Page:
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Pima County, Arizona

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Pima County, Arizona
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}}(File:Pima County Fair.jpg|thumb|Pima County Fair, 2007)Pima County {{IPAc-en|ˈ|p|iː|m|ə}} is a county in the south central region of the U.S. state of Arizona. As of the 2010 census, the population was 980,263,WEB, State & County QuickFacts,weblink United States Census Bureau, May 18, 2014, making it Arizona's second-most populous county. The county seat is Tucson,WEB,weblink June 7, 2011, Find a County, National Association of Counties, where nearly all of the population is centered. The county is named after the Pima Native Americans who are indigenous to this area.Pima County includes the Tucson, Arizona Metropolitan Statistical Area.Pima County contains parts of the Tohono O'odham Nation, as well as all of the San Xavier Indian Reservation, the Pascua Yaqui Indian Reservation, Organ Pipe Cactus National Monument, Ironwood Forest National Monument and Saguaro National Park.The vast majority of the county population lies in and around the city of Tucson (2017 city population: 535,677), filling much of the eastern part of the county with urban development. Tucson, Arizona's second largest city, is a major commercial and academic center. Other urban areas include the Tucson suburbs of Marana (population 44,792), Oro Valley (population 44,350), Sahuarita (population 29,318), and South Tucson (population 5,643), a large ring of unincorporated urban development, and the growing satellite town Green Valley. The rest of the county is sparsely populated; the largest towns are Sells, the capital of the Tohono O'odham Nation, and Ajo in the county's far western region.

History

Pima County, one of the four original counties in Arizona, was created by the 1st Arizona Territorial Legislature with land acquired through the Gadsden Purchase from Mexico in 1853. The original county consisted of all of Arizona Territory east of longitude 113° 20' and south of the Gila River.BOOK, Wagoner, Jay J., Arizona Territory 1863–1912: A Political history, University of Arizona Press, Tucson, 1970, 0-8165-0176-9, 58, registration,weblink Soon thereafter, the counties of Cochise, Graham and Santa Cruz were carved from the original Pima County.WEB,weblink History: Pima County, Pima County Justice Court (jp.pima.gov), September 27, 2000, September 30, 2009, dead,weblink" title="web.archive.org/web/20100527140505weblink">weblink May 27, 2010,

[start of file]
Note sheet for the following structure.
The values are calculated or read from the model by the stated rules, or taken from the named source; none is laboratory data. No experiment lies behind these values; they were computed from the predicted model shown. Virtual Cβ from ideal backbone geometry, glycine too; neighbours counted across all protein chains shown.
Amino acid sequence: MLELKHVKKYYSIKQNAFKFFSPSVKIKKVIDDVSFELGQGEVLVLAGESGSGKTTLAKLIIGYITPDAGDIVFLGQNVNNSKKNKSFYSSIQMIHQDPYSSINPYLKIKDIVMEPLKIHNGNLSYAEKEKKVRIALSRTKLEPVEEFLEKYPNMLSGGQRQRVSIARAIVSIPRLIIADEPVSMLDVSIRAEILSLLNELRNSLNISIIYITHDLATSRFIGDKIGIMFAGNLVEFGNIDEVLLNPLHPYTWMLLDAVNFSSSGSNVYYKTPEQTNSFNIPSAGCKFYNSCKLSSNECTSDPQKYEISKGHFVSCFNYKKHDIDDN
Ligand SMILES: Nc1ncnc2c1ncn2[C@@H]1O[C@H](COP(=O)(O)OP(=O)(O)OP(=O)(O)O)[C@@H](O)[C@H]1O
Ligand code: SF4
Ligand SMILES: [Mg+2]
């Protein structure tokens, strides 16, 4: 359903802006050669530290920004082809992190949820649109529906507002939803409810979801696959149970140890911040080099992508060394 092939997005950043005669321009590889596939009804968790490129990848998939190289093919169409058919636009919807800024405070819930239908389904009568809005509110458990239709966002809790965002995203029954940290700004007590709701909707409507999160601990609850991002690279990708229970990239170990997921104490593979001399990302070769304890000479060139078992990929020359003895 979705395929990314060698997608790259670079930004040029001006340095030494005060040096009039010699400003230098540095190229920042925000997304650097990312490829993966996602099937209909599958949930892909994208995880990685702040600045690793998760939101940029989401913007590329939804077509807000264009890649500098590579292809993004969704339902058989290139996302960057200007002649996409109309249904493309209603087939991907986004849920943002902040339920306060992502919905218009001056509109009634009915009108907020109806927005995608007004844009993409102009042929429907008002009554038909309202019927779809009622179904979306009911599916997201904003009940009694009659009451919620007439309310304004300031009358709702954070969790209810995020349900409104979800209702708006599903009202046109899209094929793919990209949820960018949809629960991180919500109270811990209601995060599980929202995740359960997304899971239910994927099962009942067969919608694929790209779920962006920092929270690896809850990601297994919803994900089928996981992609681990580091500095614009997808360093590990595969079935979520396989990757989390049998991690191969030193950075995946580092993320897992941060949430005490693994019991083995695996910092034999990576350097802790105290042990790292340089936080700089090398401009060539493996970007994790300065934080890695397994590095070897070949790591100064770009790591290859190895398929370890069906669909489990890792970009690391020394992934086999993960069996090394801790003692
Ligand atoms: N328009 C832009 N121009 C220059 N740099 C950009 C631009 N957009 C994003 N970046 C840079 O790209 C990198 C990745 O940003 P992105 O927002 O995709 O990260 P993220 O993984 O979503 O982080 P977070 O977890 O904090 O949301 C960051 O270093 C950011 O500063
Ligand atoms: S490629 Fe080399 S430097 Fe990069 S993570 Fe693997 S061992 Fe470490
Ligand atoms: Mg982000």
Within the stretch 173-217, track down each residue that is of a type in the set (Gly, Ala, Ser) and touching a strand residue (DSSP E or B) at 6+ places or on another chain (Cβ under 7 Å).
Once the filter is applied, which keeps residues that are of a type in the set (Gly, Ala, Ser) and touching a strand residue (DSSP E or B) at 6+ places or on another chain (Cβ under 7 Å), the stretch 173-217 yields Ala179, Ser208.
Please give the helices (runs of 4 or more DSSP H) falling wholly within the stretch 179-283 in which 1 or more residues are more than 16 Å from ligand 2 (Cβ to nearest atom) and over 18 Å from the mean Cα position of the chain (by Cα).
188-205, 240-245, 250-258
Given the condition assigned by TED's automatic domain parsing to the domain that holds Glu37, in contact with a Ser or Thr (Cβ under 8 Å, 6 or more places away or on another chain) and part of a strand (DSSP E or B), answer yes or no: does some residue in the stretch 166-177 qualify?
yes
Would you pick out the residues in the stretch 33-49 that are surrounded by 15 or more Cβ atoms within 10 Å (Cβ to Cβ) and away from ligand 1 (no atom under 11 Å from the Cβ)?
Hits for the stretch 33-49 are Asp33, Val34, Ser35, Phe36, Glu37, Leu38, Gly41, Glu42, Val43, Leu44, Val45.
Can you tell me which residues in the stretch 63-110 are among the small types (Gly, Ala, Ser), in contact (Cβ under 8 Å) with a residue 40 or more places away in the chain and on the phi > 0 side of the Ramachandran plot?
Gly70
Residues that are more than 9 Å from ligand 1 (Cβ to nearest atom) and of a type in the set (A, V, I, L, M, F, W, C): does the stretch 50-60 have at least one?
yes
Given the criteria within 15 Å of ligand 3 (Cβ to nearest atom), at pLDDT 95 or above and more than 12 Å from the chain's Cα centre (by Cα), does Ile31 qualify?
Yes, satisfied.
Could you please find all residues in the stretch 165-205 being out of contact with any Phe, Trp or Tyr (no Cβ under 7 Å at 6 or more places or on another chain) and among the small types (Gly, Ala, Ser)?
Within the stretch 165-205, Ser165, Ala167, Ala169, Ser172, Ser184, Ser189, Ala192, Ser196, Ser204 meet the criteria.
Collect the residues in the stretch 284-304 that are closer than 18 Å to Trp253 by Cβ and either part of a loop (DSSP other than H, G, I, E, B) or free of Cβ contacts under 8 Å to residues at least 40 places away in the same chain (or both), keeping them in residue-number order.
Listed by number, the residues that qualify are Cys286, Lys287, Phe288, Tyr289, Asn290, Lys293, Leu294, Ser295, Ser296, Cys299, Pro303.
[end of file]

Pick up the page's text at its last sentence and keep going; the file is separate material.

Geography

According to the U.S. Census Bureau, the county has a total area of {{convert|9189|sqmi}}, of which {{convert|9187|sqmi}} is land and {{convert|2.1|sqmi}} (0.02%) is water.WEB,weblink United States Census Bureau, August 23, 2015, August 23, 2012, 2010 Census Gazetteer Files,

Topographic features

Major highways

Adjacent counties and municipalities

{{div col}} {{div col end}}

National protected areas

Sonoran Desert Conservation Plan

The Sonoran Desert Conservation Plan (SDCP) is Pima County’s plan for desert conservation.

Demographics

{{US Census population|1870= 5716|1880= 17006|1890= 12673|1900= 14689|1910= 22818|1920= 34680|1930= 55676|1940= 72838|1950= 141216|1960= 265660|1970= 351667|1980= 531443|1990= 666880|2000= 843746|2010= 980263|estyear=2018|estimate=1039073ACCESSDATE=MAY 10, 2019, |align-fn=centerPUBLISHER=UNITED STATES CENSUS BUREAUPUBLISHER=UNIVERSITY OF VIRGINIA LIBRARYPUBLISHER=UNITED STATES CENSUS BUREAUPUBLISHER=UNITED STATES CENSUS BUREAU, May 18, 2014, 2010–2018}}

2000 census